The losing Leafs left fans nostalgic for glory years
Some thought owner Harold Ballard was to blame for 1984 playoff drought
It had been an agonizing 17 years since Toronto Maple Leafs fans had last seen their team win the Stanley Cup.
In 1984, that trend showed little sign of stopping. The team had failed to make the playoffs for the second time in three years.
Reporter Terry Walker took a nostalgic look at the team's past, when the Leafs won the Cup 11 times as part of the six-team league.
"They were the best. The very best," said Walker, as viewers of CBC's Saturday Report were treated to scenes of the Leafs scoring goals and parading the Cup through downtown Toronto.
"And they weren't just Toronto's team. Many fans across the country cheered for the blue and white."
But those glory days were over — replaced, Walker said, by "bad hockey."
"Toronto is hockey tradition, but right now the organization just doesn't have it," said a passerby on the street near Maple Leaf Gardens.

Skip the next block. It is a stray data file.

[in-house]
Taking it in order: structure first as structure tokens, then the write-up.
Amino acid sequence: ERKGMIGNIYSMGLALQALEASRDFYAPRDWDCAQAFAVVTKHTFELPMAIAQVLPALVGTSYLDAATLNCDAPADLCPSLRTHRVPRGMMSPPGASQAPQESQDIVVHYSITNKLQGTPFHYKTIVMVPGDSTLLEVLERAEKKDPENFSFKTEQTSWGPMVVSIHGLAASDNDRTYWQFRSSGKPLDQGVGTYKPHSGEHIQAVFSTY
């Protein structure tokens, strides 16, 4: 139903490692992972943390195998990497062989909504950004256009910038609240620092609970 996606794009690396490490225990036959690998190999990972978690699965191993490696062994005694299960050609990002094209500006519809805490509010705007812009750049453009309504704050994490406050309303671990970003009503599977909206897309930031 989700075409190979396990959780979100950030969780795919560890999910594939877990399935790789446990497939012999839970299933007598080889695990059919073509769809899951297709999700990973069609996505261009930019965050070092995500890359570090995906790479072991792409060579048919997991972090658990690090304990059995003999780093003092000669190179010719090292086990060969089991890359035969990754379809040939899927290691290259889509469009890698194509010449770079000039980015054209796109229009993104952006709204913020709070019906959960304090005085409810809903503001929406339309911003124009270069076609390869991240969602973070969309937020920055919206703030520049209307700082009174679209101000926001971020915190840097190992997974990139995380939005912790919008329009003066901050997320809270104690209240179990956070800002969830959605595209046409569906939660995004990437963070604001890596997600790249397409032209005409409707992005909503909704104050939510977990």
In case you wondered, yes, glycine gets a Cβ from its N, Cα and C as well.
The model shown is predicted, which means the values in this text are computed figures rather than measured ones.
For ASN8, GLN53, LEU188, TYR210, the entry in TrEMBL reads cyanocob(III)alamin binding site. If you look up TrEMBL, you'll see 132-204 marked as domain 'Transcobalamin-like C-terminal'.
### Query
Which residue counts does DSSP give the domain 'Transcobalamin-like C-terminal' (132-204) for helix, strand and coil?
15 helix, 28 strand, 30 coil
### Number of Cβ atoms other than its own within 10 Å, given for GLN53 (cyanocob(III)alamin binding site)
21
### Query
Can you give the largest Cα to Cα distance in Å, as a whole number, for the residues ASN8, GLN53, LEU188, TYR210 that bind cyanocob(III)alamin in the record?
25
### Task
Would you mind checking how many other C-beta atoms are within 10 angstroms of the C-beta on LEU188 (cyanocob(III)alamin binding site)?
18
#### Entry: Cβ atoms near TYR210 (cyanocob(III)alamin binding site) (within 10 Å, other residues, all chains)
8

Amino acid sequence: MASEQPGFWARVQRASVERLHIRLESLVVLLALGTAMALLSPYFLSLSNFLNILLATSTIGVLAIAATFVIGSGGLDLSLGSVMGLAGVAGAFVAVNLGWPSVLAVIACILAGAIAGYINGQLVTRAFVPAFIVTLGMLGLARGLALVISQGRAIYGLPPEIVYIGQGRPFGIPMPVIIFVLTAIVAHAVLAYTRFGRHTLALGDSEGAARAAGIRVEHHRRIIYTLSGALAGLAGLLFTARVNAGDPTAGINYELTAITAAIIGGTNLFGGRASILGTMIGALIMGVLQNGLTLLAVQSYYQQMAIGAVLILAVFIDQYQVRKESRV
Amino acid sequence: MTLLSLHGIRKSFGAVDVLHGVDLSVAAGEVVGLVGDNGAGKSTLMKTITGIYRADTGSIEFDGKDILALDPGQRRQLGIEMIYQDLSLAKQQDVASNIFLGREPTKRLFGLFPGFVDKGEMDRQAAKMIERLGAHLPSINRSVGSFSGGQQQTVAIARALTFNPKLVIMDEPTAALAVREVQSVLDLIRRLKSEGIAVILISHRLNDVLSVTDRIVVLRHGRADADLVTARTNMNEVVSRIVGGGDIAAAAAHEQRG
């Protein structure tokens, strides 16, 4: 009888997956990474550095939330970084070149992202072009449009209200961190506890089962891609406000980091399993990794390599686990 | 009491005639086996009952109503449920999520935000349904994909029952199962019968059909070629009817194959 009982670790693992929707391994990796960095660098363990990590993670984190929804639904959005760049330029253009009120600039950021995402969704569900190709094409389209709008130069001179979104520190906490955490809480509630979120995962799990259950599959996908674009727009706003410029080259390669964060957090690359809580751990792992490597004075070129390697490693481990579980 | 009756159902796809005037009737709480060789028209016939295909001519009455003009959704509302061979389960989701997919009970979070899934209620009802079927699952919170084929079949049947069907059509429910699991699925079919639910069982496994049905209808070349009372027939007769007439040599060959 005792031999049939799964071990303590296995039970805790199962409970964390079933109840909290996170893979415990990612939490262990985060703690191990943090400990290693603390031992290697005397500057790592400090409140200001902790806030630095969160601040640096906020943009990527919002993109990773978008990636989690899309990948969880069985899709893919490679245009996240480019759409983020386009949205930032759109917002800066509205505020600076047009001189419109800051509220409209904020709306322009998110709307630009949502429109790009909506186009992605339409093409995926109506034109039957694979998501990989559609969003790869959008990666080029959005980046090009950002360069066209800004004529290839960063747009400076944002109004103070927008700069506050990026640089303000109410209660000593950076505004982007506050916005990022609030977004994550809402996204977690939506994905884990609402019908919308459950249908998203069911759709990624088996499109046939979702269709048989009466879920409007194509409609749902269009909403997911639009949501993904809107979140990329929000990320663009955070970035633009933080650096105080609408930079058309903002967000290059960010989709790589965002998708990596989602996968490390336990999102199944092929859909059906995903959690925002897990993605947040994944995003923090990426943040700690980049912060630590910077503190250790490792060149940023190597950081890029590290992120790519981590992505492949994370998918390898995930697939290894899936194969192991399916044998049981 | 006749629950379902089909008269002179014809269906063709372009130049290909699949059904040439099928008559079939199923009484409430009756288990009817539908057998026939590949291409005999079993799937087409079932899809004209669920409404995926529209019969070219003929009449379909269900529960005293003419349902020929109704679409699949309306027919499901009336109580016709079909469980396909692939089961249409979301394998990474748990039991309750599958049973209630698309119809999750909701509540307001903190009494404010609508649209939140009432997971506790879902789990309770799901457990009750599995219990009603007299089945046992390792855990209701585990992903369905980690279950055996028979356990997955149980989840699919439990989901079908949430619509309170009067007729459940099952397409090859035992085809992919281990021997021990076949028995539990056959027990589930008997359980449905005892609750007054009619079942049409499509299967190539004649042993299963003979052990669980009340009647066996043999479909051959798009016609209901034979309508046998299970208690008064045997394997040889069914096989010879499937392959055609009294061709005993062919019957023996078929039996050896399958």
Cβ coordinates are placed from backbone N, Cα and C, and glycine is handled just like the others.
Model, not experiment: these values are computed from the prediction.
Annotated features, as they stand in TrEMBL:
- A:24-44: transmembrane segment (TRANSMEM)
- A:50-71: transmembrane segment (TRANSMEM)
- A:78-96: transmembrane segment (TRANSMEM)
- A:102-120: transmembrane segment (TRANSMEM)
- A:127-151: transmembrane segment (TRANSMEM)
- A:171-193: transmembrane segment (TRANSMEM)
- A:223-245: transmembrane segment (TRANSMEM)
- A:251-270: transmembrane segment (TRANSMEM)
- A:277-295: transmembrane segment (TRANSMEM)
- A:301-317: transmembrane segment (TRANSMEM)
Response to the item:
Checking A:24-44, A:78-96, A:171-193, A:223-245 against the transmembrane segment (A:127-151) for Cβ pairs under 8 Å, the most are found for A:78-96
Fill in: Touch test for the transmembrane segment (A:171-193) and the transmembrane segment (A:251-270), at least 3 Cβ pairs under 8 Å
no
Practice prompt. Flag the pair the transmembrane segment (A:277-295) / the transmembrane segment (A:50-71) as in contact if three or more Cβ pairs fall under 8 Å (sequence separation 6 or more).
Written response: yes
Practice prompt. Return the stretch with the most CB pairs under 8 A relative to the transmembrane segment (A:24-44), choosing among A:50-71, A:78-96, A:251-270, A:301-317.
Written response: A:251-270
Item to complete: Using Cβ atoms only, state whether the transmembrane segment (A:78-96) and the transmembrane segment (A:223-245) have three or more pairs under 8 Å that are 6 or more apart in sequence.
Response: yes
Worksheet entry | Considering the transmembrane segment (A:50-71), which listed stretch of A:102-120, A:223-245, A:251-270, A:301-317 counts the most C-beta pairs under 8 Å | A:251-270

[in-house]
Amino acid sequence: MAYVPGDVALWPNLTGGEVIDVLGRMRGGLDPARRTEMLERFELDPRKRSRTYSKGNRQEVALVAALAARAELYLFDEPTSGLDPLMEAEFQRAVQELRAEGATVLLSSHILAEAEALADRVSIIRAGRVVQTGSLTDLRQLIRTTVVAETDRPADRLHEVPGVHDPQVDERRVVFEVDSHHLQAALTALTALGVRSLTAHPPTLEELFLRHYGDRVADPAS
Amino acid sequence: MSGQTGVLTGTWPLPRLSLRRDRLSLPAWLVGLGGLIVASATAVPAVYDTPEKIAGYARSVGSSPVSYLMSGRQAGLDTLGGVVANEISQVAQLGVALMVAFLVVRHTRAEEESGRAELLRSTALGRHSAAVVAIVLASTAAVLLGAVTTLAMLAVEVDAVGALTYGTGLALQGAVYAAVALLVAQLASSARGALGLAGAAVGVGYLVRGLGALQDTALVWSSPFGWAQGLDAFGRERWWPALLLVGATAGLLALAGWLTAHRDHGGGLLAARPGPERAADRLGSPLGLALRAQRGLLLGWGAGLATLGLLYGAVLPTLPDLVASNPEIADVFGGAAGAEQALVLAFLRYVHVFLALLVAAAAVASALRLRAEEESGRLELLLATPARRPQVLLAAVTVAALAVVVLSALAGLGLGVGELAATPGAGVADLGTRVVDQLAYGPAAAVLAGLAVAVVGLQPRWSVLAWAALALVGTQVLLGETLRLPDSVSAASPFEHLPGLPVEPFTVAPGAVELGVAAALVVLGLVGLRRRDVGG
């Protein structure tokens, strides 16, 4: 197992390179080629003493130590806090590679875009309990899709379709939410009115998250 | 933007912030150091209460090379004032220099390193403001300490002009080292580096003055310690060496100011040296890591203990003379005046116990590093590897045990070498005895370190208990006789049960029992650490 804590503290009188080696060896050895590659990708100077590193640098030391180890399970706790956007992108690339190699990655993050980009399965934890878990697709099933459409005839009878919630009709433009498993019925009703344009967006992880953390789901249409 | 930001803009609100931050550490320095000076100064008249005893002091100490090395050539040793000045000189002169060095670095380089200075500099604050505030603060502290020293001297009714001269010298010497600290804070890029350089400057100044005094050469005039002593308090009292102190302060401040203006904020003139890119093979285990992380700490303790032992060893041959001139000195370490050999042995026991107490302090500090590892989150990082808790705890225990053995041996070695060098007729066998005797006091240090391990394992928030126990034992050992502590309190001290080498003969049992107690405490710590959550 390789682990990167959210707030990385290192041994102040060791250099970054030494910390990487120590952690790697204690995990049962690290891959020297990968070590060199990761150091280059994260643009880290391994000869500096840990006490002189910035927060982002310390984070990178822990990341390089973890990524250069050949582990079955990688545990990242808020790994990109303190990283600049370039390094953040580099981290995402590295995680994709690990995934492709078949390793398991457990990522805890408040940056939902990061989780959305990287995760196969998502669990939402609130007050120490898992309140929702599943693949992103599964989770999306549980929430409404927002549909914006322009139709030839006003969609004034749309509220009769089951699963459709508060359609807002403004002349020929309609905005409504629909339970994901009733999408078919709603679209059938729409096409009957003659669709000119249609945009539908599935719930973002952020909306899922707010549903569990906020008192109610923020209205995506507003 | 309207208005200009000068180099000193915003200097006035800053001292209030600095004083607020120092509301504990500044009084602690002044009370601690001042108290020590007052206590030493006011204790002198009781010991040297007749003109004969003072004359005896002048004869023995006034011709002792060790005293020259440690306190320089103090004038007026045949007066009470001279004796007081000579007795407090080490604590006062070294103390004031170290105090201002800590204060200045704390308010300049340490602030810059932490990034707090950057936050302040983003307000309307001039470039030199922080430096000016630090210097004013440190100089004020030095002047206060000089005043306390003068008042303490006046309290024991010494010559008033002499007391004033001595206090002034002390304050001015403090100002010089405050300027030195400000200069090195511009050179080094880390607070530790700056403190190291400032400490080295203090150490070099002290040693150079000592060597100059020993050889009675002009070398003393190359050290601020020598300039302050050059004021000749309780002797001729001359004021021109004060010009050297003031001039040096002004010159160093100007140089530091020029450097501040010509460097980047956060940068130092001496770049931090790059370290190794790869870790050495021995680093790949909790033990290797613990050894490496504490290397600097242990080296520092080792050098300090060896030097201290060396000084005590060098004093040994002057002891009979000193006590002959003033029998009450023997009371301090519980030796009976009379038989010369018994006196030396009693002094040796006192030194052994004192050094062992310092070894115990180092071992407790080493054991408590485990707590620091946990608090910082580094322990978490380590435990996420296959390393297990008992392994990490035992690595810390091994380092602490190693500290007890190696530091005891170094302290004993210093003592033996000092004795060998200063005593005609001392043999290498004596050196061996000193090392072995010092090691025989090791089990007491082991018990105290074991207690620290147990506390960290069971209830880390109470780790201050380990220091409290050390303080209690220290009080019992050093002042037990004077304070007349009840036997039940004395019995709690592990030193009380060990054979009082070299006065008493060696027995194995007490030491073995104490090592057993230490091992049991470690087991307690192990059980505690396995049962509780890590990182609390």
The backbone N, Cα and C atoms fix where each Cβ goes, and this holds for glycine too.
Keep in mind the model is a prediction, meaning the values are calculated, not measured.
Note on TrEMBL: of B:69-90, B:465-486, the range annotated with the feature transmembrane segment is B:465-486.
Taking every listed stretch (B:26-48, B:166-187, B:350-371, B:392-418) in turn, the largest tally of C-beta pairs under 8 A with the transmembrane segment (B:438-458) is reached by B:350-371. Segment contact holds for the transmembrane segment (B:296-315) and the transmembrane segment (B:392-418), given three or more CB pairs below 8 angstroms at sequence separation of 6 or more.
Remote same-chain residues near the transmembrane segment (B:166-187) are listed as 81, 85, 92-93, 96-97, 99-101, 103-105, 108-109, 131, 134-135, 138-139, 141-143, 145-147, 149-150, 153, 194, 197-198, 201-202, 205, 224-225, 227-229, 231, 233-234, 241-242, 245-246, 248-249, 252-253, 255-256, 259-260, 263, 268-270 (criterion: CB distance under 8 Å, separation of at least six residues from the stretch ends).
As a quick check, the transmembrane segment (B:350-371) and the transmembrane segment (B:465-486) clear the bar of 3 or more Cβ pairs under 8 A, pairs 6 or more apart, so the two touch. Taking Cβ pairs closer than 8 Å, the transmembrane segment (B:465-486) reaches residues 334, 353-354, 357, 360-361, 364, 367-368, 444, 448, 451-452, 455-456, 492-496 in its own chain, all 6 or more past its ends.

Another fan said he wasn't disappointed by the team — because he'd already lost any "great expectations" for their success.
A fan club with a difference
Other fans did more than just throw their hands up in defeat.
One group, calling themselves the We Hate the Leafs Fan Club, got together and recorded a song called Leafs Lament with such lyrics as: "We're sick of losing/We're fed up/Whatever happened to the Stanley Cup?"
The club's apparent leaders, who would only reveal their names as "Mr. S. and Mr. W.," had some ideas for the team.
"We're going to trade the entire team to the Soviet Union," said Mr. S.
"And if that doesn't work, we're moving them to Markham. That's it," added Mr. W.
Team captain Rick Vaive wasn't thrilled with the team's performance, either.
"Any time you don't make the playoffs, it's always a very disappointing year," he said while at a team practice.
More than the injury-plagued players, though, Walker said people blamed owner Harold Ballard for the team's troubles. He had gone through seven head coaches since the team's last Stanley Cup win in 1967.
"I feel feel sorry for the players," said broadcaster and former player Jim McKenny. "You can't get that extra work out of yourself unless you know you're going to get some respect for the job that you do."
Walker wrapped on a familiar phrase.
"What was once one of the proudest organizations in professional sports continues to tell its fans, 'Wait until next year.'"